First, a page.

Wes Jackson, a pioneer researcher in prairie ecology, established and directs the work of the Land Institute in Salina, Kansas, which is trying to breed new kinds of prairie plants that will produce food suitable for human consumption. Unlike many current food crops, the native prairie plants are resistant to drought and pests. The main advantage of prairie plants over domesticated crops is that they do not require plowing or seasonal replanting. We will discuss the advantage of perennials in conserving topsoil in another article. The magazines Manas and THEOSOPHY have printed material on Wes Jackson. To learn more about his work one might read New Roots for Agriculture, his major work.

Desert -- Tundra

Deserts support a surprising amount of plant and animal life in spite of their sparse appearance and the lack of water. However, the invasion of the California desert by four-wheel-drive vehicles, all-terrain vehicles, and motorcycles has devastated the fragile ecosystem. Deserts exist anywhere from below sea level (Death Valley) to several thousand feet above sea level (Mohave). Most of the southwestern American states are desert but contain some highly developed smog-producing urban areas. Excellent material on the desert is found in the books of Joseph Wood Krutch, who had remarkable perceptiveness, scientific knowledge, and graceful literary expressiveness.

Tundra, found in arctic regions, can be compared to desert in warm areas in that both require little rain. Unlike desert, however, it needs little light. Because of extreme conditions, tundra plants grow slowly, conserve energy, and are easily damaged. They are found beyond northern or southern evergreen forests in areas free of surface ice for part of the year but where the subsoil remains frozen (called "permafrost"). Although tundra grows in areas where there are few people, oil and minerals explorations have managed to destroy much of it with heavy vehicles and equipment.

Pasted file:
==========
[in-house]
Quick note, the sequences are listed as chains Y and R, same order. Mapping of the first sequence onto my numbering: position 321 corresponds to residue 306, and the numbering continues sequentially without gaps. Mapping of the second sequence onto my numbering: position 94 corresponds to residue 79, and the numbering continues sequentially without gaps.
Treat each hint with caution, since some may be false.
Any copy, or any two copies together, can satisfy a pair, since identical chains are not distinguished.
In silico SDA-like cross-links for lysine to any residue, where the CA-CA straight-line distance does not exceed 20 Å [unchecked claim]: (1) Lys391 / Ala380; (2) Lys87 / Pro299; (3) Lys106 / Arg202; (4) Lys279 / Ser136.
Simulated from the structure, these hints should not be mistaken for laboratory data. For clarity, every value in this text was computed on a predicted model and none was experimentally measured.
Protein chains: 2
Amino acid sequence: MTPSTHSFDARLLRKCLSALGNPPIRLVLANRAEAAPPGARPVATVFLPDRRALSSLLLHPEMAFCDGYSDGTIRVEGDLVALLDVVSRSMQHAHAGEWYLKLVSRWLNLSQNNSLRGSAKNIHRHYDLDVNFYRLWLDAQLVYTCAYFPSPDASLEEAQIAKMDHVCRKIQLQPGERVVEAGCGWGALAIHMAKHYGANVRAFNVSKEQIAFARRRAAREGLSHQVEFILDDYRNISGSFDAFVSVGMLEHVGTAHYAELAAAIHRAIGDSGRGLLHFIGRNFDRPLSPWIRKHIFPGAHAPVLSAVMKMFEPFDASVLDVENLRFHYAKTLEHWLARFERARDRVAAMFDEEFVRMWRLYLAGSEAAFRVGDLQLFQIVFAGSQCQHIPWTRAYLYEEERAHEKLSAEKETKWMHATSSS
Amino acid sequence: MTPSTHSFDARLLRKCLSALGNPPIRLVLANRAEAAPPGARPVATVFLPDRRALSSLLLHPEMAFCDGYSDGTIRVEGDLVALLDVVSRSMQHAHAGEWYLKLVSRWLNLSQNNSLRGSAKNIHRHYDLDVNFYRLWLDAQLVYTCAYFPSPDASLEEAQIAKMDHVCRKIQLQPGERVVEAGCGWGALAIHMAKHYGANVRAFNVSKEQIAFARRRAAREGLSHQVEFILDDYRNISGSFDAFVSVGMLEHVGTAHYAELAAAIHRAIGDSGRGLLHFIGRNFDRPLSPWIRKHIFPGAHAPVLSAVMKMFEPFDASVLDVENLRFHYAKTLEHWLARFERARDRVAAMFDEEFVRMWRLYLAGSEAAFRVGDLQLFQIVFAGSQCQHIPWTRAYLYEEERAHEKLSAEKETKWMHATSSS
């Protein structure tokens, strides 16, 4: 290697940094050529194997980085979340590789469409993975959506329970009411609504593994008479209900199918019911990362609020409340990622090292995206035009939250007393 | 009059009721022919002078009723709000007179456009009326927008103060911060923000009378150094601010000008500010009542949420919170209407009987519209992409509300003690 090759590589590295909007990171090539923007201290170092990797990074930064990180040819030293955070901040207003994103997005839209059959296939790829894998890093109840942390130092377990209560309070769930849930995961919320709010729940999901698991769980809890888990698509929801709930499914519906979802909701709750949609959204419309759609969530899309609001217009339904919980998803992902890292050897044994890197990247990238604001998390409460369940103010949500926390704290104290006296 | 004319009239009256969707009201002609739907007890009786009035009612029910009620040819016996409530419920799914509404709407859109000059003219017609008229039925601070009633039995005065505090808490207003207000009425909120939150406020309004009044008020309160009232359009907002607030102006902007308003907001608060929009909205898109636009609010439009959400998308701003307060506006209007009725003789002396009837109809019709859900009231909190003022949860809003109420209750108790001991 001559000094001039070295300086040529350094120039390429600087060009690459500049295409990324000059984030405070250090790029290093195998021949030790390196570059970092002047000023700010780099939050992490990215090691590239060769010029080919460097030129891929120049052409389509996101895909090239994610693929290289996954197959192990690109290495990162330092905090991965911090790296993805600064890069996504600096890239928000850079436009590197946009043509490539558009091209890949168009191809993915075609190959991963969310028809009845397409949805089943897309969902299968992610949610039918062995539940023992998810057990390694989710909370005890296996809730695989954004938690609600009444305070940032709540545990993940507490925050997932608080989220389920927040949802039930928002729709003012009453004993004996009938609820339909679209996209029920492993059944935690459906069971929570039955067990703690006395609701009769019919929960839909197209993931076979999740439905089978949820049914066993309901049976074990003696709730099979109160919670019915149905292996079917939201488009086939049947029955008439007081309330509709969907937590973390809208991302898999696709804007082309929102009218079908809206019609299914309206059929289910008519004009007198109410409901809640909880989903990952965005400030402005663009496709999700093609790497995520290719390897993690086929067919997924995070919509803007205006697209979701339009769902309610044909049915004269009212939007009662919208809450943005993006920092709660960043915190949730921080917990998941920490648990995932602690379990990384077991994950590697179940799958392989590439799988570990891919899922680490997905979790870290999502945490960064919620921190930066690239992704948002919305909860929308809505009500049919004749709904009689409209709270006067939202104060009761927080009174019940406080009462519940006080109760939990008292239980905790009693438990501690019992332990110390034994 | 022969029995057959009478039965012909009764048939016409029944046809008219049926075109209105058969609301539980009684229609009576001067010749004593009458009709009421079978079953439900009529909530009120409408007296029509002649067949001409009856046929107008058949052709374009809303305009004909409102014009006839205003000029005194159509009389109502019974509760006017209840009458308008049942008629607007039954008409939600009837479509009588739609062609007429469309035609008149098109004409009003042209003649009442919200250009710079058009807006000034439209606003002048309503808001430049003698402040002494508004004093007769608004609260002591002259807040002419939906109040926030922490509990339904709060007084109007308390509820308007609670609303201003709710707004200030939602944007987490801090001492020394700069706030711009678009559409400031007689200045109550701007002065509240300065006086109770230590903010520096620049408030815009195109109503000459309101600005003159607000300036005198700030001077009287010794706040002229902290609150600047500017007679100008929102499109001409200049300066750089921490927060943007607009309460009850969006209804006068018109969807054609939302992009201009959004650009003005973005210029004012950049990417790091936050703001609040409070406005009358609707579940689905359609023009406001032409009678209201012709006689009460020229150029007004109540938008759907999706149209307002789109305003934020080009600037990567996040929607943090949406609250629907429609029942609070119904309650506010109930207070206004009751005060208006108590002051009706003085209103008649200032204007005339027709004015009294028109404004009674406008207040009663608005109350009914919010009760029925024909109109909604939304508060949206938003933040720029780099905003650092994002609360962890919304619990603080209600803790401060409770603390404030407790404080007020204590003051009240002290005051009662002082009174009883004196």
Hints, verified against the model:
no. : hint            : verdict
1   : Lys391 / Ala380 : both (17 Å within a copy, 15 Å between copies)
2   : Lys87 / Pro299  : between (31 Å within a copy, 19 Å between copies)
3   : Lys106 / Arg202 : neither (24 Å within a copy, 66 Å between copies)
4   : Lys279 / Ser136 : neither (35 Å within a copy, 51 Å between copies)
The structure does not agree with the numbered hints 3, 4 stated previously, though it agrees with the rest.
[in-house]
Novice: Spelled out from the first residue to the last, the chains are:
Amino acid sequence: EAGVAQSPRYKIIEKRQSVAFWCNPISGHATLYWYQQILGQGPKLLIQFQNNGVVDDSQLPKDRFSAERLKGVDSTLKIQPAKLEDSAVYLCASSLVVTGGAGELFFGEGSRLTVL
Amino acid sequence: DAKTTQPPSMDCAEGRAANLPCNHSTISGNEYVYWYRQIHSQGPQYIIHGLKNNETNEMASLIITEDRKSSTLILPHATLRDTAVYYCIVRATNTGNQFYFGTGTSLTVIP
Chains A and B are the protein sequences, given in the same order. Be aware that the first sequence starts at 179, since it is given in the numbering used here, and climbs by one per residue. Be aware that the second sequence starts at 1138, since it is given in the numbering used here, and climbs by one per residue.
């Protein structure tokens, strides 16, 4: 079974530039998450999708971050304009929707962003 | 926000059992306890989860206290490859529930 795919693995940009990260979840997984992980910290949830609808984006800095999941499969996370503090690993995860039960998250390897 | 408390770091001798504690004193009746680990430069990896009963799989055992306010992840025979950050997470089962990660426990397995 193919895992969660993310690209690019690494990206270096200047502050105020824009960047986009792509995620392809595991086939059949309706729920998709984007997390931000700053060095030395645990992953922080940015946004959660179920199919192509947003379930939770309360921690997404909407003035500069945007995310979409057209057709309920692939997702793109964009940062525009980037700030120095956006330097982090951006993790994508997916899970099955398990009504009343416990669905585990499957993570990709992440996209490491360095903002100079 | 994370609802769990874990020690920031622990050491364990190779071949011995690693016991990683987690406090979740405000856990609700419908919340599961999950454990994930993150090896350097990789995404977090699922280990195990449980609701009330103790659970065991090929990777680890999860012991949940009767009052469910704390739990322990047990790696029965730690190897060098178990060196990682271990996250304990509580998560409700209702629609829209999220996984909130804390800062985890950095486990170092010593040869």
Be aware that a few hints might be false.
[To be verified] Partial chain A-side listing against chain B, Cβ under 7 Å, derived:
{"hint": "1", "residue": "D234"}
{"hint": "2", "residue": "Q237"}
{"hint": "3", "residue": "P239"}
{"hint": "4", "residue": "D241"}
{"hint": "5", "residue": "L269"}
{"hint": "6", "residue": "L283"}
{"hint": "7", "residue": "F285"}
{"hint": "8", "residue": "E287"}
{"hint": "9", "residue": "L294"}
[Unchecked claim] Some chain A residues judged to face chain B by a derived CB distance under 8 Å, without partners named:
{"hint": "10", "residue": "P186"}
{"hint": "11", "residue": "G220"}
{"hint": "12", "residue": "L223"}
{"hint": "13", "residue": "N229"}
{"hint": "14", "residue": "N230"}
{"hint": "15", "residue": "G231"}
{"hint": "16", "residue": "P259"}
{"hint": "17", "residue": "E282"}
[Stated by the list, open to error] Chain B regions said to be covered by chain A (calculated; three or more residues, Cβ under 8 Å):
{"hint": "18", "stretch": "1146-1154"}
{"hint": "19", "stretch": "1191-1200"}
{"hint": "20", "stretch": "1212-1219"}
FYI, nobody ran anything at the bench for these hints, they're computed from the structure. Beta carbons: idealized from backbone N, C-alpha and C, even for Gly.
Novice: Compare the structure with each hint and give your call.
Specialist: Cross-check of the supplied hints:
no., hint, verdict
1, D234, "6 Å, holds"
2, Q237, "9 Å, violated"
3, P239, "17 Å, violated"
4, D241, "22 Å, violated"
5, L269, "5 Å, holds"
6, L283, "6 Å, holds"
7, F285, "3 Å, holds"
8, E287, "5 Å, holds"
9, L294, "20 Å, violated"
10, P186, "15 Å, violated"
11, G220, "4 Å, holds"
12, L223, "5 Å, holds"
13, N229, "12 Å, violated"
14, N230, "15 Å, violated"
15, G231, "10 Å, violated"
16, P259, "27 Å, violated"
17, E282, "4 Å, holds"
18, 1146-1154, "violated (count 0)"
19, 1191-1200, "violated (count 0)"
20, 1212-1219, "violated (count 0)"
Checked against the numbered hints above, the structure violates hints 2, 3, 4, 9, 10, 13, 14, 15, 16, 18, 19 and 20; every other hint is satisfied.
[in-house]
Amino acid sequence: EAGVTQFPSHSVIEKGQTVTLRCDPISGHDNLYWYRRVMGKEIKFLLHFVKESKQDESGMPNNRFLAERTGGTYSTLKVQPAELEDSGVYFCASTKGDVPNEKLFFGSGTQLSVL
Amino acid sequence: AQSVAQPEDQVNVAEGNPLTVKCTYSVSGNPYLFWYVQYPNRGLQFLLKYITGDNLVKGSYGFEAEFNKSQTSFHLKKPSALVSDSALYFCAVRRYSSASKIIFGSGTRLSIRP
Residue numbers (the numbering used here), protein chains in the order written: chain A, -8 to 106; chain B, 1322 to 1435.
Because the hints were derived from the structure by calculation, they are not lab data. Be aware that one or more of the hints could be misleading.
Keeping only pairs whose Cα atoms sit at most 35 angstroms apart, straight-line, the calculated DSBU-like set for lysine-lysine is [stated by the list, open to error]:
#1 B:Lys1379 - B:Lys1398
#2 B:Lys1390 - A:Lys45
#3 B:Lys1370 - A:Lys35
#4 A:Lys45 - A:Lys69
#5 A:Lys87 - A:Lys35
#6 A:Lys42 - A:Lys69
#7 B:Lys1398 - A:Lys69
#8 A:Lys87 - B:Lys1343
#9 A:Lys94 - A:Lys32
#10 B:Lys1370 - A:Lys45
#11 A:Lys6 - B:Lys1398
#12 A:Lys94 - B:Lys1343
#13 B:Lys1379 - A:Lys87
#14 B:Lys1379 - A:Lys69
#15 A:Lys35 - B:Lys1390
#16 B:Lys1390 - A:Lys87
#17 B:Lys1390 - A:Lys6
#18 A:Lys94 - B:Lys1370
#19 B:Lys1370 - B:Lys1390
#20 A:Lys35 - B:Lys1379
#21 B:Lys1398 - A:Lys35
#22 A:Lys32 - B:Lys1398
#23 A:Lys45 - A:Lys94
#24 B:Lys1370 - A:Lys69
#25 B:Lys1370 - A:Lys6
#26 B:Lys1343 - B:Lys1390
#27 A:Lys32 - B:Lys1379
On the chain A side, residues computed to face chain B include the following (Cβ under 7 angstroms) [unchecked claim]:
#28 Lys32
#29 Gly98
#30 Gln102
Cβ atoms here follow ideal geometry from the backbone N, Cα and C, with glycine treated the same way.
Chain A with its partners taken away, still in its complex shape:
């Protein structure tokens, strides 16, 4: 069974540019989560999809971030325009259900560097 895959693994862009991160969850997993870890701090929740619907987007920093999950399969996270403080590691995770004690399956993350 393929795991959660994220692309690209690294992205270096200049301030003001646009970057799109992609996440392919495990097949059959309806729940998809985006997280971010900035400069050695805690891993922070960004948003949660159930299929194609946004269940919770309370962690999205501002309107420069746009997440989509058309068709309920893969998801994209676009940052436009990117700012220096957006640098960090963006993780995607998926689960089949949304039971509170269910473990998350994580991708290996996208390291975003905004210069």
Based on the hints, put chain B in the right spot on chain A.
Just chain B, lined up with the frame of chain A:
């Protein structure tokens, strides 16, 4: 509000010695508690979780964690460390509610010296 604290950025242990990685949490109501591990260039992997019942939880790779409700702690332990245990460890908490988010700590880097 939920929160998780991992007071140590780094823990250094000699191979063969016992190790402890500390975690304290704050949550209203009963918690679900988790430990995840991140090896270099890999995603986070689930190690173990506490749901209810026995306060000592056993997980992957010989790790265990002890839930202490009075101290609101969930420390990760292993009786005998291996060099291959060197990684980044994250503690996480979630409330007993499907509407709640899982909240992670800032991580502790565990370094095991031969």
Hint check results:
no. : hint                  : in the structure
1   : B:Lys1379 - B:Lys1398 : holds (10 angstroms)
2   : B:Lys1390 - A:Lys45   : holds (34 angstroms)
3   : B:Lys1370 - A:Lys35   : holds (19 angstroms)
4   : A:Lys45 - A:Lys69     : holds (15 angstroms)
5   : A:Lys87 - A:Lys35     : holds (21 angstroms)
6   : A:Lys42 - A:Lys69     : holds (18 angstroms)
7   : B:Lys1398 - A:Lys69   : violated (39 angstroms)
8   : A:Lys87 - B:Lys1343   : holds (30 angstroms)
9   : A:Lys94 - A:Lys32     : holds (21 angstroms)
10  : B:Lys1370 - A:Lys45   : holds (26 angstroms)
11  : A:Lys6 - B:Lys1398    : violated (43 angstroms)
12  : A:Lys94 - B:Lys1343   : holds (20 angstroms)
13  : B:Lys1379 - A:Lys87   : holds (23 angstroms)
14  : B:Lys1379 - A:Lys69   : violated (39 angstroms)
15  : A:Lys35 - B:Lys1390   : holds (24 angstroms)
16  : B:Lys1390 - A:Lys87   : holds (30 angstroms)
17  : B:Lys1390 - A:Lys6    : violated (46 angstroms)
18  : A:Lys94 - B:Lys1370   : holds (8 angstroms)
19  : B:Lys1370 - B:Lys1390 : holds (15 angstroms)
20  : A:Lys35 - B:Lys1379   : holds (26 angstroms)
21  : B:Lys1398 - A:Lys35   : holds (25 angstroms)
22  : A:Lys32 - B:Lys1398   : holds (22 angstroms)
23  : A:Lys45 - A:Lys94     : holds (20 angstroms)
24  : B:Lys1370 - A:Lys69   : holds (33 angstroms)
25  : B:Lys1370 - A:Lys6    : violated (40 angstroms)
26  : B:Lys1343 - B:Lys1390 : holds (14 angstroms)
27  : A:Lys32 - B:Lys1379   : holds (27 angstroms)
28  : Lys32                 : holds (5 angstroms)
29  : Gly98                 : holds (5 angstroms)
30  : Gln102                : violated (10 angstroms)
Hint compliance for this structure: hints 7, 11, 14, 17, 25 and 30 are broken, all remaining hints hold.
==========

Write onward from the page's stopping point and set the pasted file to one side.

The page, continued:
Wetlands

Swamps, marshes, and bogs are found in many parts of the world. Most are constantly wet but some become so only during rainy seasons. Inland wetlands form in places of poor drainage and of lower elevation than their surroundings. Swamps are dominated by trees, marshes by grasses, and bogs by shrubs (heaths). Wetlands purify water in addition to containing exotic species of plants, reptiles, birds, and fish. Foods coming from wetlands include cranberries, watercress, and shrimp; medicines are made from other plants. Marshes near the ocean become brackish from salt water. These coastal wetlands provide spawning grounds for 60 to 90 percent of U.S. commercial fish.

The status of our wetlands is alarming. Only 95 million acres are left in the lower 48 states of the U.S., and these are being depleted at the rate of 300,000 to 450,000 acres annually. California has already lost 91 percent of its original wetlands, and in some states the loss is even greater ("A Former Foe, Army Corps Now Fights for Wetlands," Los Angeles Times, July 5, 1990). The Army Corps of Engineers was responsible for the loss of some wetlands, partly by straightening out snaky rivers. Having realized their error, the Corps is now actively undoing the damage and restoring rivers to their original meandering, slower flowing courses, which created adjacent wetlands. Material on the subject may be found in Feb. 15, 1992, Los Angeles Times: "Florida's Apologies to Nature," subheading "In the name of flood control and progress, a winding, teeming river was made straight. Decades of damage later, engineers seek to restore the state's watery ecosystem." The National Research Council is also a proponent of restoring wetlands: "Restore Nation's Wetlands, Report Urges," Los Angeles Times, Dec. 12, 1991.